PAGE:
about six years old - which I found very touching. His father Leopold Mozart had
given him only instructions on the piano so far, although he was considered as one
of the leading violin pedagogues of his time. In 1756 he had published
"An Essey on
teaching the Violin with Accuracy"
which was a "must" for every violinist and still is,
concerning the proper execution of suspensions, trills and other musical ornaments
at Mozart's time.
However, the piano remained Mozart's favored instrument and there are just a few
reports about his appearances as a violinist:
"You wish to know if Wolfgang does still sing and play the violin. He does play, but not in public.
He sings, but only on demand. He has grown a bit..."
(From Leopold Mozart's letter to his wife, dated
May 2nd 1770; at that time Mozart stayed in Rome with his father.)
During this journey through Italy, 14-year-old Mozart met a young English violinist
of his age, Thomas Linley, in Florence. Linley was considered to be a wunderkind
himself; the two of them shared a deep understanding and were playing music
together for many hours.
and supporter. Mozart returned from Italy to Salzburg under the huge impression of
the leading violin virtuosos of his time.
Only little is known about the emergence of his violin concertos. Due to the fact that
they were all composed in his hometown Salzburg, a correspondence with his family,
explaining their history of origins, does not exist. Most likely, Mozart composed them
in 1775 and finished his 5th violin concerto (K. 219) shortly before his 20th birthday.
Since 1772 he had been appointed as first concert master to the court orchestra of
the Prince-Archbishop Hieronymus Colloredo and probably composed the five violin
concertos (K. 207, 211, 216, 218 & 219) for himself; it is confirmed that Mozart has
played them himself. At request of the violinist Antonio Brunetti, his successor at the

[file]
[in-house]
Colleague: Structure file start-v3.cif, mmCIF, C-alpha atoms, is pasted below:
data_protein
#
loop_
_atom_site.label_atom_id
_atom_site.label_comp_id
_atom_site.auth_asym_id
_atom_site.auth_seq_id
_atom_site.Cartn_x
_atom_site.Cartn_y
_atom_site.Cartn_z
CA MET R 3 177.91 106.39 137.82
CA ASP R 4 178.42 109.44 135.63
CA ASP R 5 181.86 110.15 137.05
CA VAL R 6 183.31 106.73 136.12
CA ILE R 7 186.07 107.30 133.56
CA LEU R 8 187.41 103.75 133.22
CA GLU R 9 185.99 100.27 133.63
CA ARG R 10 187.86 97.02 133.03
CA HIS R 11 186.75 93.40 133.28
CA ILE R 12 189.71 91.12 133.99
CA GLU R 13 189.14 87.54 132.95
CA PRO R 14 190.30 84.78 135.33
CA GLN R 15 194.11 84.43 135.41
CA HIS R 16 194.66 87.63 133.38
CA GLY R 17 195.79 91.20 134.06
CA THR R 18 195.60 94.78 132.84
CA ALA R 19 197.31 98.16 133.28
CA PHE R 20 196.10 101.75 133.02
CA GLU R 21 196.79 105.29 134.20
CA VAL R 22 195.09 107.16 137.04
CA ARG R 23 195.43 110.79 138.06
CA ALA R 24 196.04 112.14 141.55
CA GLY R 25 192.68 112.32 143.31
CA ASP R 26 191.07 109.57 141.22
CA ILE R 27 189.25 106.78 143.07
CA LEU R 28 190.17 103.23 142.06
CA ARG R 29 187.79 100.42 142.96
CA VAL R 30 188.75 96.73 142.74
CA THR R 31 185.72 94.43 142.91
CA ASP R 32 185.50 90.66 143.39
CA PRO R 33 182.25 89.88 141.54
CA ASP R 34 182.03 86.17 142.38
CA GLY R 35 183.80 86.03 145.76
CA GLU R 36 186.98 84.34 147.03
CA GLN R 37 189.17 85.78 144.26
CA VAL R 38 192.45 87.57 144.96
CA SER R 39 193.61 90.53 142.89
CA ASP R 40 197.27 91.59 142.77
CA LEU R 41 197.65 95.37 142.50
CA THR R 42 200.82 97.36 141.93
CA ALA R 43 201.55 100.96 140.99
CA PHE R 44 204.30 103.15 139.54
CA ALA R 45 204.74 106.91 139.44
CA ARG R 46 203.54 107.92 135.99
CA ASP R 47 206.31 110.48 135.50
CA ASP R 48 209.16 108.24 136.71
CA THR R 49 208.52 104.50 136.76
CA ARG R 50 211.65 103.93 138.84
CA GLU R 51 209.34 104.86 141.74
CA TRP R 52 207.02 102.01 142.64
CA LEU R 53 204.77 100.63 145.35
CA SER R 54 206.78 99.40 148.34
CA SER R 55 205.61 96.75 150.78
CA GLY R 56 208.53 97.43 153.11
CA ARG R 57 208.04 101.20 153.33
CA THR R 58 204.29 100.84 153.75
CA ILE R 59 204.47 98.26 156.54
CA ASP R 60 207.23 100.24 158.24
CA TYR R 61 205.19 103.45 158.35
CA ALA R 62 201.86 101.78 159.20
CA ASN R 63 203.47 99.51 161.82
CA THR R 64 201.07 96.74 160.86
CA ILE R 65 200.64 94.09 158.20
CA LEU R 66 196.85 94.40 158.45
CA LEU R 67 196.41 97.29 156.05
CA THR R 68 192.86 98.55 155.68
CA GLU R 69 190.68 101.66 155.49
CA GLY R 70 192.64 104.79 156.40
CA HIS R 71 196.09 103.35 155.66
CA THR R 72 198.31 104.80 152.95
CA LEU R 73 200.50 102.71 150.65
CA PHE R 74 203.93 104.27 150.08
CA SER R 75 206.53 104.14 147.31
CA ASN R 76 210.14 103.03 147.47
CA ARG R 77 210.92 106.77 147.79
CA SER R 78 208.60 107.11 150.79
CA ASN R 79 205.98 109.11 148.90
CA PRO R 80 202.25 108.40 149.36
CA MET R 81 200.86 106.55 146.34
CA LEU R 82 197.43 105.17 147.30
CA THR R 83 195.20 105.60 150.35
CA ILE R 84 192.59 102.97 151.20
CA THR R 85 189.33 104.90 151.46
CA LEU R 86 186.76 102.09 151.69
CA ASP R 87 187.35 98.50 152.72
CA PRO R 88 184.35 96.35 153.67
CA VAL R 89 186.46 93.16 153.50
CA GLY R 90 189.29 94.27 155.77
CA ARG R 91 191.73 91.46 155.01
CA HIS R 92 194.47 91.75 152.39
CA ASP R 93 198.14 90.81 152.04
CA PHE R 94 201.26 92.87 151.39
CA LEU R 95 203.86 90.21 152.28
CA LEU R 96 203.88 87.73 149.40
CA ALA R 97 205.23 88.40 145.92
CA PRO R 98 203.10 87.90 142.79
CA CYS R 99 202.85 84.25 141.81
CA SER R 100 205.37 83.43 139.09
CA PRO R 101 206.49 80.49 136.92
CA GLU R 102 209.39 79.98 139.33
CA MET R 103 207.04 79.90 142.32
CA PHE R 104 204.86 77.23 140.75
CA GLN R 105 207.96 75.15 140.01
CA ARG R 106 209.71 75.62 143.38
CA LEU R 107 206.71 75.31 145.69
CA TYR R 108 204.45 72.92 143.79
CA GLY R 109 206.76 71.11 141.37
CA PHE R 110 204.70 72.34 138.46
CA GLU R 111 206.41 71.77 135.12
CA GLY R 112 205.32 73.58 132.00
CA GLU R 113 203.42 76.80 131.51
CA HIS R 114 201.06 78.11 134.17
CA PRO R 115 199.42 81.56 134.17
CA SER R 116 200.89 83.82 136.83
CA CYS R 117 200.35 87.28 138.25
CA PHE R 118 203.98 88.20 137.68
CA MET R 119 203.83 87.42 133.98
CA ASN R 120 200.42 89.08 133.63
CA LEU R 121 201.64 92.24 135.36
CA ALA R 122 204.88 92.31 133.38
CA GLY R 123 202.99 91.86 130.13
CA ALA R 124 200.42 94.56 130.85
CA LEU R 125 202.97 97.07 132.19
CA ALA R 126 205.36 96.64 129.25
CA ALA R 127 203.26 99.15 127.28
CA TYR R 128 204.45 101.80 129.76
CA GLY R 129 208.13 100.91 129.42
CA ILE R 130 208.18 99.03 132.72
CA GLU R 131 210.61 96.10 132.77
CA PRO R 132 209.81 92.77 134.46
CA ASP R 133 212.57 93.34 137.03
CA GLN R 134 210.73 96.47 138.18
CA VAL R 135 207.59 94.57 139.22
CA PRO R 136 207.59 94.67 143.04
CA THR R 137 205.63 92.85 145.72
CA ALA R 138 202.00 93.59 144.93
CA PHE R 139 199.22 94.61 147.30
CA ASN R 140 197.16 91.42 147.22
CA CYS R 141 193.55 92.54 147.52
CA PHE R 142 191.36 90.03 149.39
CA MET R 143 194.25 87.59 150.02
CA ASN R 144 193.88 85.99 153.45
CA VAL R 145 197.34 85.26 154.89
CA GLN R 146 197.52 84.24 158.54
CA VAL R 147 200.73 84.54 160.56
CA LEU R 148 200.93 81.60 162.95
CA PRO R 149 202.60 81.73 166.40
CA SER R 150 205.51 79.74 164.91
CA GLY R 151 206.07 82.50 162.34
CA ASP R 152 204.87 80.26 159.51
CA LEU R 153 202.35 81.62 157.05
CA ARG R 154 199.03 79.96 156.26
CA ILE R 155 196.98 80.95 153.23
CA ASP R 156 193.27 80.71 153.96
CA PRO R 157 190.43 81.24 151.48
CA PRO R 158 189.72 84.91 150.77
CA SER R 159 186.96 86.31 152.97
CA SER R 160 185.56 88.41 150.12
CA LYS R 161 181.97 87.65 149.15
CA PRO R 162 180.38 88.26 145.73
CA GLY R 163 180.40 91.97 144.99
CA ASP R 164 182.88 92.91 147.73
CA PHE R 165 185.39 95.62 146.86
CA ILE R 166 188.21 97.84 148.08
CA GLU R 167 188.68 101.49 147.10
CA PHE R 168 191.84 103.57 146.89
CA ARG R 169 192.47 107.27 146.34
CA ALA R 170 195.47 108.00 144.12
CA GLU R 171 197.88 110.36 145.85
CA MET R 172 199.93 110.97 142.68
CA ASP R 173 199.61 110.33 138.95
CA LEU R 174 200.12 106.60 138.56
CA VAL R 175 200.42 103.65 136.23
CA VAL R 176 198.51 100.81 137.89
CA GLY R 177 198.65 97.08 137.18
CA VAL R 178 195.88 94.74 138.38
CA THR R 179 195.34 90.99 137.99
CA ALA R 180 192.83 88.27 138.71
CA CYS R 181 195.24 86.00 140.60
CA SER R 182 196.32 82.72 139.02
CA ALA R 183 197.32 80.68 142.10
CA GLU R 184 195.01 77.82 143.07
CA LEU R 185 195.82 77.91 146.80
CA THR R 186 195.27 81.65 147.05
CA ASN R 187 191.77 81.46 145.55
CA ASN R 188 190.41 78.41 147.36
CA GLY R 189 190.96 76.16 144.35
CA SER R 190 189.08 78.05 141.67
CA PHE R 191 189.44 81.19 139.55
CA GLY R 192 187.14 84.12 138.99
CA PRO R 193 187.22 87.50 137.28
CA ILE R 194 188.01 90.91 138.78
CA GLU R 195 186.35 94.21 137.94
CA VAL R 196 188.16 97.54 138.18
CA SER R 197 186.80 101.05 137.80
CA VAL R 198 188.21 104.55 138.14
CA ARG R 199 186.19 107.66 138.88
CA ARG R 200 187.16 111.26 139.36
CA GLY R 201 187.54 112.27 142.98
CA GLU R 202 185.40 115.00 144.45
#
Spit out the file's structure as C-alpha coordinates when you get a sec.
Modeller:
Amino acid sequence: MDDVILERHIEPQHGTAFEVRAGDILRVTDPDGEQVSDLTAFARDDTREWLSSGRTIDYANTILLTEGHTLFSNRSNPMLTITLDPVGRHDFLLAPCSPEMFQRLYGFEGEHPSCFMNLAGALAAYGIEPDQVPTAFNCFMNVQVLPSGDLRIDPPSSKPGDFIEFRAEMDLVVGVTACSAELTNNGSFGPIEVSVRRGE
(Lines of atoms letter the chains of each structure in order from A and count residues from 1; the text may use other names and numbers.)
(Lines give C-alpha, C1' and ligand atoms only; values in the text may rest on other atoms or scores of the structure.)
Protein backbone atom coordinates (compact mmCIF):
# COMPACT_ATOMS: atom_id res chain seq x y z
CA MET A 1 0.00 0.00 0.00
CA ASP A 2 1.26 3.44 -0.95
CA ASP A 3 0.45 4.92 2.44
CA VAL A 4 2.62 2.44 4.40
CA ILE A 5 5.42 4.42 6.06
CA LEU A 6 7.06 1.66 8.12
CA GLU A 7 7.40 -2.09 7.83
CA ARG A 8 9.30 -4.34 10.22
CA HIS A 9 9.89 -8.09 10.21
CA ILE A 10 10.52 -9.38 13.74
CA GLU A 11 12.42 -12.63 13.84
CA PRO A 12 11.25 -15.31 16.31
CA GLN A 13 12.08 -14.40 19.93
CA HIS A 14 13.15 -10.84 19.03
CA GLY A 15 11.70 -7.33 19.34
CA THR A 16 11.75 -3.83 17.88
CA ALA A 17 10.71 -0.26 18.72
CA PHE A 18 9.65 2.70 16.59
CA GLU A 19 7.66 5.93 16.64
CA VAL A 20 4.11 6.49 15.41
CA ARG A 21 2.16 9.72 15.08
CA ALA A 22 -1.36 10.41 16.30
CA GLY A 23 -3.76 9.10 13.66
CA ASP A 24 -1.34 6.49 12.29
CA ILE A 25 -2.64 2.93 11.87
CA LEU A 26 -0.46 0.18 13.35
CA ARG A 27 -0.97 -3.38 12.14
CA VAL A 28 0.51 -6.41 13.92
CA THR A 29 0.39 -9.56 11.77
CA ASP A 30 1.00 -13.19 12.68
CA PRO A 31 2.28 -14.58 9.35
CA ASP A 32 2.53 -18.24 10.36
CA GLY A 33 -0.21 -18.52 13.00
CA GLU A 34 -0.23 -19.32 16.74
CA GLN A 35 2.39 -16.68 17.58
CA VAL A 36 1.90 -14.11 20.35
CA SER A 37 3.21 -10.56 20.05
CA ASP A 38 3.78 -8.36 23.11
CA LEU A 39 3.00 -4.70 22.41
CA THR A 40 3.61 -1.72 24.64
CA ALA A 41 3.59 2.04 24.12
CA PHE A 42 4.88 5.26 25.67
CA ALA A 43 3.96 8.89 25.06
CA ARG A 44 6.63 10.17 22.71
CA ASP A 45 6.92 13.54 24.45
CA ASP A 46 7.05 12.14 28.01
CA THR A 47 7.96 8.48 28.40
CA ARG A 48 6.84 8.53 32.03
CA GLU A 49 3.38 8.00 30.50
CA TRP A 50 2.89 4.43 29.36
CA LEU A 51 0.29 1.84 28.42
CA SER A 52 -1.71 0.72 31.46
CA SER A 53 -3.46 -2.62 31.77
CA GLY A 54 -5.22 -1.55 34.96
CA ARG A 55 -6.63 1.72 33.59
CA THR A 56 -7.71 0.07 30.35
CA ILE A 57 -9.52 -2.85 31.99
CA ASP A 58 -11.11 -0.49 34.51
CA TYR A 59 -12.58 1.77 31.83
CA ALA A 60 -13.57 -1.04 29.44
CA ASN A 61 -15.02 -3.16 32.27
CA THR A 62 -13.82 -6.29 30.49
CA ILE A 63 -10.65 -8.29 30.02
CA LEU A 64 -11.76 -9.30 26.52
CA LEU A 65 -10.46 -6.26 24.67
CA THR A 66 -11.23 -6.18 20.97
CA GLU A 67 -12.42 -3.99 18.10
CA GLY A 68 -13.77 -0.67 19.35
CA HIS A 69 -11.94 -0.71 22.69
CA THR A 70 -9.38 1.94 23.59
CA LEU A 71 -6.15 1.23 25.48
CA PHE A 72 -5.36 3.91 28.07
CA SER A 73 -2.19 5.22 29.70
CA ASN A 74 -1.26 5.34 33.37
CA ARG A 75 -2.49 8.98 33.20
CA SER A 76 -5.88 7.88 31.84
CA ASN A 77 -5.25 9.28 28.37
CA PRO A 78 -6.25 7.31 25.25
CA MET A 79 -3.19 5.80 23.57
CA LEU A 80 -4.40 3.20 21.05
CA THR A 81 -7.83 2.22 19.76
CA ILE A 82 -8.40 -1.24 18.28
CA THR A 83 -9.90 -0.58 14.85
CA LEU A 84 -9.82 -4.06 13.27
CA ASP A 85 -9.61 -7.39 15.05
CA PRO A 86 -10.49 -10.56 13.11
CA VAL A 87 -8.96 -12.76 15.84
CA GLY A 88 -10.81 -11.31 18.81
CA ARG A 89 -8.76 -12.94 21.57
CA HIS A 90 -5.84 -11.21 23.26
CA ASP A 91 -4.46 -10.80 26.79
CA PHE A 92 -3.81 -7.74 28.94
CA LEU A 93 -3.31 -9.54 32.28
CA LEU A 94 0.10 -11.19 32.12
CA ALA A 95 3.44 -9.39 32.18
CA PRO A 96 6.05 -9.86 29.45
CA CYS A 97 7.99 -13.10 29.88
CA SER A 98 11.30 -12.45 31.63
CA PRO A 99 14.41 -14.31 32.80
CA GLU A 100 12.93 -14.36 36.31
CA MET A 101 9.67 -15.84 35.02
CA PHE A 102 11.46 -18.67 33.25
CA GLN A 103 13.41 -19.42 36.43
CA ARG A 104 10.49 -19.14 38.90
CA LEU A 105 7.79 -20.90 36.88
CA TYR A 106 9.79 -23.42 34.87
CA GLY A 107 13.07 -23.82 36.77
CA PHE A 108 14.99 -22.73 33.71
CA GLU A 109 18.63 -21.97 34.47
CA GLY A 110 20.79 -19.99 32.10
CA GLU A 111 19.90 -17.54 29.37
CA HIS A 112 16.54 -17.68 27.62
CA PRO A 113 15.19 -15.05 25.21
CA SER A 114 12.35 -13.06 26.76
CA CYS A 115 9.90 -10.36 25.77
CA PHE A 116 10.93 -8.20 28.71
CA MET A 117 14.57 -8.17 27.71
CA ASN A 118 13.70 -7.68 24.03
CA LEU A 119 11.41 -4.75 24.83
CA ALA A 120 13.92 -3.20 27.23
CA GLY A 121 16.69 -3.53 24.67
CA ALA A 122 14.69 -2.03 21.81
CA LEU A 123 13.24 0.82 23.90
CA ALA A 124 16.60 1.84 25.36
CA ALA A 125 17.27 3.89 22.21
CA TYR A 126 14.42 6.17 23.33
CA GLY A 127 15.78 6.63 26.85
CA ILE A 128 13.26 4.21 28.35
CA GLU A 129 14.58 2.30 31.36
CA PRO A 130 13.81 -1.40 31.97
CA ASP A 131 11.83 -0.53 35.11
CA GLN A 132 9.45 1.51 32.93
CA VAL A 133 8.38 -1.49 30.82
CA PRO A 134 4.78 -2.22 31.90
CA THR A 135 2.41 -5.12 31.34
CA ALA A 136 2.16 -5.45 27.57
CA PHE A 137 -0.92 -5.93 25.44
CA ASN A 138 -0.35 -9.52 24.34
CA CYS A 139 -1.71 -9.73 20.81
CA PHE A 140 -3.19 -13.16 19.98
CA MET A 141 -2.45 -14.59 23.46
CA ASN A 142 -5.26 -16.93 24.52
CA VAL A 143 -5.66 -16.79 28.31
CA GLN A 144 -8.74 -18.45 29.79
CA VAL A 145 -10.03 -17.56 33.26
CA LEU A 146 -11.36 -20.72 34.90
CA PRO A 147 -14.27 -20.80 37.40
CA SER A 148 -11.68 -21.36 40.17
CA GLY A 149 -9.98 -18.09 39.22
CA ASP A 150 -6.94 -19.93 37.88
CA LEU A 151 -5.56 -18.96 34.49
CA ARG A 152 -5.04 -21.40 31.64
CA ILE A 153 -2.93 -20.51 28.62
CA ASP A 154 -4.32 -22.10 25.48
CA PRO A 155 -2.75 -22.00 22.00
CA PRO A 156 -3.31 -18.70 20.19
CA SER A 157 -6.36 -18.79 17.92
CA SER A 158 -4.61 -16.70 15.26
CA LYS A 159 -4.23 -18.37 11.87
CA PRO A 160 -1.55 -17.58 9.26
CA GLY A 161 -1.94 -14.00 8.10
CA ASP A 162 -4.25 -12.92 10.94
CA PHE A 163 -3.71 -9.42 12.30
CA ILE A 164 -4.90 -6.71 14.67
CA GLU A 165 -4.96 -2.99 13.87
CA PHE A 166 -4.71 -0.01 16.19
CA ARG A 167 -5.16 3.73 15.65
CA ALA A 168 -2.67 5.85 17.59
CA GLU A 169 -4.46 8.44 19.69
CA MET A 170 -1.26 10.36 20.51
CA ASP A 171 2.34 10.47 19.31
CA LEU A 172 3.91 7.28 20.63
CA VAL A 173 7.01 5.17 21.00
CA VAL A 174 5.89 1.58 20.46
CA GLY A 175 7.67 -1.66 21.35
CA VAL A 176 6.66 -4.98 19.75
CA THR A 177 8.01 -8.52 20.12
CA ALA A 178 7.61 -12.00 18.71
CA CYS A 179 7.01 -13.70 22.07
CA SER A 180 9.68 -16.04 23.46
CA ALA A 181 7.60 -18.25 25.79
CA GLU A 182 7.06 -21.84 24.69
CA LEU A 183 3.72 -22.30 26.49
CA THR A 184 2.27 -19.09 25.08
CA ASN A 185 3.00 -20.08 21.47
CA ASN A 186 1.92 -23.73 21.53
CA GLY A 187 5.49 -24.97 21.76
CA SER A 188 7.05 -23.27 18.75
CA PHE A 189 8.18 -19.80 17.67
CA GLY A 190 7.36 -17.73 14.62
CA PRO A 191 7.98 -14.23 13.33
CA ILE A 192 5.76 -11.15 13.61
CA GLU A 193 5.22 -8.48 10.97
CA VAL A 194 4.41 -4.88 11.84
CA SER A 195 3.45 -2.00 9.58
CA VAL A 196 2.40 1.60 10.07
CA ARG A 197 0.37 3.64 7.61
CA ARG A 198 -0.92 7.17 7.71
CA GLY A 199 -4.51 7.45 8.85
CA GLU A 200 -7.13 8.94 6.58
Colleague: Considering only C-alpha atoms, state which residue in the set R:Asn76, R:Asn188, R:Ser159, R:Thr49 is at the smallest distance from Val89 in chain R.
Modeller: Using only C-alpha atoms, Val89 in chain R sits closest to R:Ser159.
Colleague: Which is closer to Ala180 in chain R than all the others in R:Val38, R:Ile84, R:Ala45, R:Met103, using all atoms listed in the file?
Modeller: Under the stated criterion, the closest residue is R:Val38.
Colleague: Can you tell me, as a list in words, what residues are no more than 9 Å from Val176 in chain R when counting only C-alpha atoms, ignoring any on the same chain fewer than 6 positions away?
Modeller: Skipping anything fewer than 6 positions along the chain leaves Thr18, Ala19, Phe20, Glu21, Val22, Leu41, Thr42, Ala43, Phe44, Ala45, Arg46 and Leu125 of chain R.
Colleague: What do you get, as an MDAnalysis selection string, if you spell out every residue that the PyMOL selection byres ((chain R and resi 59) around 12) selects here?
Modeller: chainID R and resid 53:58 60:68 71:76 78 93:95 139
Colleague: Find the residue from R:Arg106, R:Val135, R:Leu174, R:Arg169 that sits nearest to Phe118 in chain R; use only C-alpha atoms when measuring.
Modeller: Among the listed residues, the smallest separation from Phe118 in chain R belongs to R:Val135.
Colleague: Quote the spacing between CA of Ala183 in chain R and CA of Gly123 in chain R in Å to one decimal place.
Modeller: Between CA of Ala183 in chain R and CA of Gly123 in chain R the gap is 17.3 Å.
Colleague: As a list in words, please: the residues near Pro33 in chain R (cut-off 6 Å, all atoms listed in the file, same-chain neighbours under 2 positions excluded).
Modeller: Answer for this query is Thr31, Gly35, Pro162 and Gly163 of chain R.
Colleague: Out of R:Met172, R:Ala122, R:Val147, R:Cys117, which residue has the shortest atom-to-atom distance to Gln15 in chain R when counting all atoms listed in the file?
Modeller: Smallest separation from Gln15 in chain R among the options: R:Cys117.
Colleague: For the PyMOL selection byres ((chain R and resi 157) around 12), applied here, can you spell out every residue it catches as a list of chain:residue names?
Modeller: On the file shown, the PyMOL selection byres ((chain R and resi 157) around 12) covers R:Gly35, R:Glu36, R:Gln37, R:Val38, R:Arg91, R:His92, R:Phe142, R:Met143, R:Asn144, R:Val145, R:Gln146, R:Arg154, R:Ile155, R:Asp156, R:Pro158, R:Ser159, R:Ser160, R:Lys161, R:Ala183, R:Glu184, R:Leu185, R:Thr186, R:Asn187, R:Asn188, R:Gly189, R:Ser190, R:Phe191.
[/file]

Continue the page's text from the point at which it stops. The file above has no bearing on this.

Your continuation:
Salzburg court orchestra, Mozart wrote an alternative 2nd movement for his violin
concerto in A Major (K. 219) - the Adagio in E Major (K. 261).
In the following years Mozart turned away more and more from the violin, not to the
delight of his father:
"... I suppose you didn't practice the violin while you were in Munich? I would be very sorry
about it. Brunetti now praises you to the skies.."
The Rondo in C Major (K. 373) was premiered in Vienna on April 4th, 1871 by Antonio
Brunetti. On this, Mozart referred to his father:
"... Today - I'm writing this at 11 o'clock at night - we had a concert. 3 of my pieces were played
- new ones, of course; - a concerto rondeau for Brunetti - a sonata with violin accompaniment
for me - I wrote it yesterday evening between 11 and 12 - but, in order to finish it, I wrote out
only the accompanying part for Brunetti and retained my own part in my head - and then a
rondeau for Ceccarelli - which he had to repeat."
At that time Mozart already found his employment under Prince-Archbishop
Hieronymus Colloredo, who treated Mozart as a minion and demanded his service
exclusively for himself, unbearable. Mozart considered this situation to be repressive
towards his development and wrote to his father on April 4th, 1781:
"As I have already written to you, the Archbishop is a huge obstacle to me... Imagine now,
with the audience already knowing me, how much I could earn in a public concert? But our
Archbishop does not allow it - he does not want his people to gain benefit but damage."
Mozart requested to be released from his duties from Archbishop Colloredo in May
1781, against his father's will. His duties ended in an unpleasant way with the famous
"kick in the ass" by Count Karl Arco, the archbishop's chamberlain. Before that,
Count Arco had urged Mozart for weeks not to resign from his position and had
refused to accept his petition for release. Mozart referred in a letter to his father:
"... instead of Count Arco accepting my petition or obtaining an audience for me or advising me
to send it in later or persuading me to let the matter rest and think it over, enfin, whatever he
wanted - no, he throws me out of the room and gives me a kick up the backside."
Now, a new and foremost happier stage of Mozart's life began - for the first time, he
was independent and settled down in Vienna as a freelanced musician.